In Germany there is no legal requirement to ask the recipient for permission to send her electronic invoices, if the invoice is accepted and paid, it means the the recipient also complies to the additional regulations. It is, however, her right to reject the electronic version and explicitly ask for a paper copy. In this case the paper original probably has to be provided without additional cost.
ZUGFeRD ( Zentraler User Guide Forum elektronische Rechnung Deutschland ) is a open european standard for a structured, hybrid PDF e-invoice . Technically, this works by embedding a XML file into PDF file. Embedded ZUGFeRD files work with all PDF readers but of course these readers may not automatically process the metadata.
ZUGFeRD is based on
- PDF for the optical representation and
- an embedded XML for the metadata/structural representation
The PDF used in ZUGFeRD is PDF/A-3. PDF/A is a subset of PDF which does not only allow validation (PDF per se can not be validated), it is specifically designed for better archival: e.g. external fonts are always embedded in PDF/A. PDF/A-3 (standardized in ISO 19005-3:2012 and not at all related to the paper format DIN-A3) is the third version of the archivable PDF/A edition, which supports embedded files.
The CEN semantic model of a core invoice is already foundation for ZUGFeRD 1.0. It e.g. defines the correct number of decimals (rule 9): in quantity (4) , currency prices (4) and totals (2), the units and how the invoice amount is calculated.
Andreas Starke has published his suggestions for ZUGFeRD Industry-specific extensions in June 2018.
Factur-X is just another name for ZUGFeRD 2.0.
ZUGFeRD 1.0 was relased
- in german on 2014-06-25.
- On 2014-09-29 there was a corrigendum.
- The english translation was released on 2015-01-19.
ZUGFeRD 2.0 has been released on 11 march 2019.
Changes towards ZUGFeRD 2:
- ZUGFeRD 2 supports European B2G invoices, namely EN16931. Alternatively to ZUGFeRD (more precisely UN/CEFACT CrossIndustryInvoice D16B SCRDM uncoupled), UBL 2.1 and EDIFACT are also eligible for EN16931.
- ZUGFeRD 2 has been adopted by the french FNFE as “Factur-X version 1.0”.
- In particular to accommodate french requirements there are two new profiles below basic,
- Basic Without Lines (BASIC WL)
The profile Comfort has been renamed to EN 16931.
- The filename of the embedded file changes from ZUGFeRD-invoice.xml to zugferd-invoice.xml (lower caps) in ZF2 respectively factur-x.xml in FX
- The XML part of ZUGFeRD 1 was some sort of a customized XML format based on UN/CEFACT. ZF2 is based on the original version of the XML schema, UN/CEFACTS Cross Industry Invoice CII, more precisely on UN/CEFACT CII SCRDM 16B uncoupled .
- The root node therefore changes from CrossIndustryDocument to CrossIndustryInvoice.
- The schema change also means that some elements are renamed, e.g.
Name in ZF1 in ZF2 SpecifiedExchangedDocumentContext ExchangedDocumentContext HeaderExchangedDocument ExchangedDocument ApplicablePercent ram:RateApplicablePercent SpecifiedSupplyChainTradeDelivery ram:SpecifiedLineTradeDelivery SpecifiedLineTradeAgreement ram:AssociatedDocumentLineDocument SpecifiedSupplyChainTradeAgreement ram:SpecifiedLineTradeAgreement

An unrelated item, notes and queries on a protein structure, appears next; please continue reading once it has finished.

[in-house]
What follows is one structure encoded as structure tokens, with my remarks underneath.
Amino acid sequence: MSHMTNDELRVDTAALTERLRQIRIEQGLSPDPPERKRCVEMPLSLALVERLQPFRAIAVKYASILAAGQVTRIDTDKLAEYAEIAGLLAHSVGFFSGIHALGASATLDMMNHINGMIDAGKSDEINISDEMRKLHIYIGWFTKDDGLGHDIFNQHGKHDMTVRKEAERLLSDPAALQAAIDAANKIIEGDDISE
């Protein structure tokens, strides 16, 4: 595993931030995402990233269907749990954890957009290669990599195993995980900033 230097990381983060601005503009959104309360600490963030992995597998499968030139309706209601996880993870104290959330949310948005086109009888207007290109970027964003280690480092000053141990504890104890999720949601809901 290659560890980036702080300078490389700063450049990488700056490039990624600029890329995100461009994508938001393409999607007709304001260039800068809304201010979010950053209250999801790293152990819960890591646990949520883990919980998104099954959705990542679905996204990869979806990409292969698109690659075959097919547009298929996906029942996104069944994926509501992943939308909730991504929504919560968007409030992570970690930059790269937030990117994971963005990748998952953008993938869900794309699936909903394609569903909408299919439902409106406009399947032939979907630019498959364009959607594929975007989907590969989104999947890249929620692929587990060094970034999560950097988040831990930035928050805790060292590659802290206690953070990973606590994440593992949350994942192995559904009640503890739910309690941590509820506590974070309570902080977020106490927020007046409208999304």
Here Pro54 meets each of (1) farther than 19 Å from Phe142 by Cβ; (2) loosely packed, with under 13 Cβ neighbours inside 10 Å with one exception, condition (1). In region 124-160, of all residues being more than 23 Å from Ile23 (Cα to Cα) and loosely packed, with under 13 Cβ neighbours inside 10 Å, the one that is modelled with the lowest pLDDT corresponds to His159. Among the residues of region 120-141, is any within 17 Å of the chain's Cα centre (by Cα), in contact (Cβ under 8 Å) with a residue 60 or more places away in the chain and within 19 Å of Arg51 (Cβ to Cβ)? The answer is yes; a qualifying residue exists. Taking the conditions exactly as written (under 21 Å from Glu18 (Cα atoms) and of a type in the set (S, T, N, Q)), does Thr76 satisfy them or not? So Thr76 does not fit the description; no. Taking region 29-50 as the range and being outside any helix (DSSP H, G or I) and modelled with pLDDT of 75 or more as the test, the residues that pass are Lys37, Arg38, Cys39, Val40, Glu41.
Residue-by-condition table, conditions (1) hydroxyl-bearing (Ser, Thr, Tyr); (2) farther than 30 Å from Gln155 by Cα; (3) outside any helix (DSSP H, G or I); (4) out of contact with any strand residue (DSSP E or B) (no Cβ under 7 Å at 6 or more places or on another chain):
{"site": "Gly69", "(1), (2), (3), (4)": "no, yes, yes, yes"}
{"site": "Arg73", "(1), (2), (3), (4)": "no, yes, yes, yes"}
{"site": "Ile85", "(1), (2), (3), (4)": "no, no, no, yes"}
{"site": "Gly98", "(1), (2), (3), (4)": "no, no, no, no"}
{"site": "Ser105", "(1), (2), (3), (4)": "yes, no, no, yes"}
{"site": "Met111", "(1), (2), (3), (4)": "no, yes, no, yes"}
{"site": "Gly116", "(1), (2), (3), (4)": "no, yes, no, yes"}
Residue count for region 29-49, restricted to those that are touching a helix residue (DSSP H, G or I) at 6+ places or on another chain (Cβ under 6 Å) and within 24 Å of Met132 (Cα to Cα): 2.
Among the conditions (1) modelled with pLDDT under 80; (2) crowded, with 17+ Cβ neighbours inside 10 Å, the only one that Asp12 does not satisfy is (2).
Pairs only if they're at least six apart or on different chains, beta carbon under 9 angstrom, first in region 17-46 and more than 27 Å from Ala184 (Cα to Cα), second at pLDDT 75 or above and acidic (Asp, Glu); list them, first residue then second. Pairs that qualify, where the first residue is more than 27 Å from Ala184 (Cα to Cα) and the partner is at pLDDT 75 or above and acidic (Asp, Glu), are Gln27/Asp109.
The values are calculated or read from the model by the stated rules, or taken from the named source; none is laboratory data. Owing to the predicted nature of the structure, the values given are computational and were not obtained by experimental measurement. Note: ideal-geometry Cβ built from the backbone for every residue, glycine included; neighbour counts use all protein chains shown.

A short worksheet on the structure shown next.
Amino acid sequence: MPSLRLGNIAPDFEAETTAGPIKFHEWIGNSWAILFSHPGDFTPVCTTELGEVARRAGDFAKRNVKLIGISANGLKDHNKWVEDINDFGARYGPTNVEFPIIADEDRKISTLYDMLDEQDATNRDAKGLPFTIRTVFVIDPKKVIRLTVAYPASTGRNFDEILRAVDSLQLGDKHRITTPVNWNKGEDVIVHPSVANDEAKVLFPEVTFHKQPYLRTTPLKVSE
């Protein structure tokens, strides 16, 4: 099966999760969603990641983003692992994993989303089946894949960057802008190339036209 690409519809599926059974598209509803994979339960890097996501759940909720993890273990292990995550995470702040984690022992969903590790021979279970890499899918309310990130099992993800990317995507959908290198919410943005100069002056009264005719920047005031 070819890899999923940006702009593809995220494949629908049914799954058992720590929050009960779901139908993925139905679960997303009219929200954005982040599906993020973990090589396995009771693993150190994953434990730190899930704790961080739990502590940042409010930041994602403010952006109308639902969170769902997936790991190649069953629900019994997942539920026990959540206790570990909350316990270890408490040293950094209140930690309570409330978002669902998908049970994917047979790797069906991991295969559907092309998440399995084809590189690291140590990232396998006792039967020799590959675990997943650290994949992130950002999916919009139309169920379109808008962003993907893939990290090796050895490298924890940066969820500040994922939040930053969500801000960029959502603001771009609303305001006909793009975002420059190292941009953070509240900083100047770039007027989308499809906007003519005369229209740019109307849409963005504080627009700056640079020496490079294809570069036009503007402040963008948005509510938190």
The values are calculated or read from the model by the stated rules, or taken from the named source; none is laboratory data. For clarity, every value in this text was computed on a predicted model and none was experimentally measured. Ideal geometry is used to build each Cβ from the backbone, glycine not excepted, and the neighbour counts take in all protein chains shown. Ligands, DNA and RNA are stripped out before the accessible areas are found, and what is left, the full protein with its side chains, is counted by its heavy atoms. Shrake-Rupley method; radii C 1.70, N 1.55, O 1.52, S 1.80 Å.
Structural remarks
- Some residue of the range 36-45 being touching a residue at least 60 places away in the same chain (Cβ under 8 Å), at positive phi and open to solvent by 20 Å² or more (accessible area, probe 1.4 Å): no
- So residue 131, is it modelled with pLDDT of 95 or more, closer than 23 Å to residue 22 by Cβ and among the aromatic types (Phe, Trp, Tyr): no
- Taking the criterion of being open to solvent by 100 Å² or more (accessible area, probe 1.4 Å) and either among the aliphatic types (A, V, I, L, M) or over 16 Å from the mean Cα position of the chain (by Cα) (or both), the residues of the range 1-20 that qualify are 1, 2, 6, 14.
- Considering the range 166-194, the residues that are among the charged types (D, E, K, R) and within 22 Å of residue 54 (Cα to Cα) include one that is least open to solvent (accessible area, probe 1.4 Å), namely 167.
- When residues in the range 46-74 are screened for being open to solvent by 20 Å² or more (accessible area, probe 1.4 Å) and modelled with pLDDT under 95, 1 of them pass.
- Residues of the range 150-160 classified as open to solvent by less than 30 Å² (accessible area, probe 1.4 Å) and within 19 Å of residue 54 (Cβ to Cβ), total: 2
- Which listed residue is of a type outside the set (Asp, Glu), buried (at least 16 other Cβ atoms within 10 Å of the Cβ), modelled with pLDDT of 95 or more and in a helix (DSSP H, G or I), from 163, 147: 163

- some element names became more specific, e.g. ID became IssuerAssignedID if it was used in BuyerOrderReferencedDocument, DeliveryNoteReferencedDocument, AdditionalReferencedDocument or ContractReferencedDocument
- Now also the sequence of some elements is defined more specifically, which may cause you to reorder some elements, e.g. in SpecifiedSupplyChainTradeTransaction the IncludedSupplyChainTradeLineItem now has to be the first child BuyerOrderReferencedDocument, DeliveryNoteReferencedDocument, AdditionalReferencedDocument ContractReferencedDocument now have to start with ID, then typecode and some more.
- The XSLT Style Sheet to convert to HTML will no longer be part of the release. But the ones from XRechnung can be used.
You can use the commandline or Have a look at Mustangprojects (not very complete) XSLT file which facilitates the transformation from ZF 1 XML to ZF 2 XML. There is also a first attempt for a Mustangproject sample file for version 2.
ZUGFeRD supports five different levels of required structured information
- Minimum (ZUGFeRD 2 only)
- Basic Without Lines (ZUGFeRD 2 only)
- EN16931 (called Comfort in ZUGFeRD 1)
Mustangproject complies to the Extended level.
- In 2015 Intarsys published some nice (german) slides on status, history and genealogy of ZUGFeRD 1 including several PDF aspects, tools and workflows and optically compares the profiles basic, comfort and extended.
- The Bitkom explained ZUGFeRD (in german) in 2014 and features a similar sample invoice with optical indications which attribute belongs to basic resprectively comfort on page 6.
EN16931 defines a common part (Core Invoice) and allows for national extensions, so-called Core Invoice Usage Specifications, CIUS. XRechnung is the CIUS for invoices to the german authorities.
Example: The Core Invoice requires country and email address of the recipient, but according to german §19 UstG an invoice has to bear the street address of the recipient. So the street address is among the attributes which XRechnung there are also additional optional attributes, e.g. the german Skonto (cash discount), despite being usual in Germany, is unusual in the rest of Europe, that’s why it didn’t make it into the Core Invoice.
The XRechnung requirements can be expressed in either UBL or UN/CEFACT XML. A UN/CEFACT XRechnung (like this one) is based on the same schema files, thus identical similar to the file embedded in a ZUGFeRD 2.0 PDF in the EN16931 profile.
|Name||Release date||File format||Hybrid||B2G||B2B with agreements||B2B without agreements||B2C||XML dialect|
|XRechnung 1.0||2017-05-10||.xml||n||y||y||n||n||UBL, UN/CEFACT CII|
|XRechnung 1.1||2017-11-30||.xml||n||y||y||n||n||UBL, UN/CEFACT CII|
|ZUGFeRD 1.0||2014-06-25||y||n||y||y||y||UN/CEFACT CII|
|ZUGFeRD 2.0||2019-03-11||y||y||y||y||y||UN/CEFACT CII|
You can also refer to a german ZUGFeRD/XRechnung comparison.
XRechnung has published open source XSLT style sheets to convert EN16931 XML to HTML, which also work on ZUGFeRD 2 and Factur-X files.
- General topics
- Statistics and numbers
- IBI published a (german) Study in 2017, indicating 62% of all organisations send invoices by mail, 42% capture the data of electronic invoices but only 25% use this data. Around half of the organisations does not document their processes.
- The DIHK says 48% support the processing of electronic invoices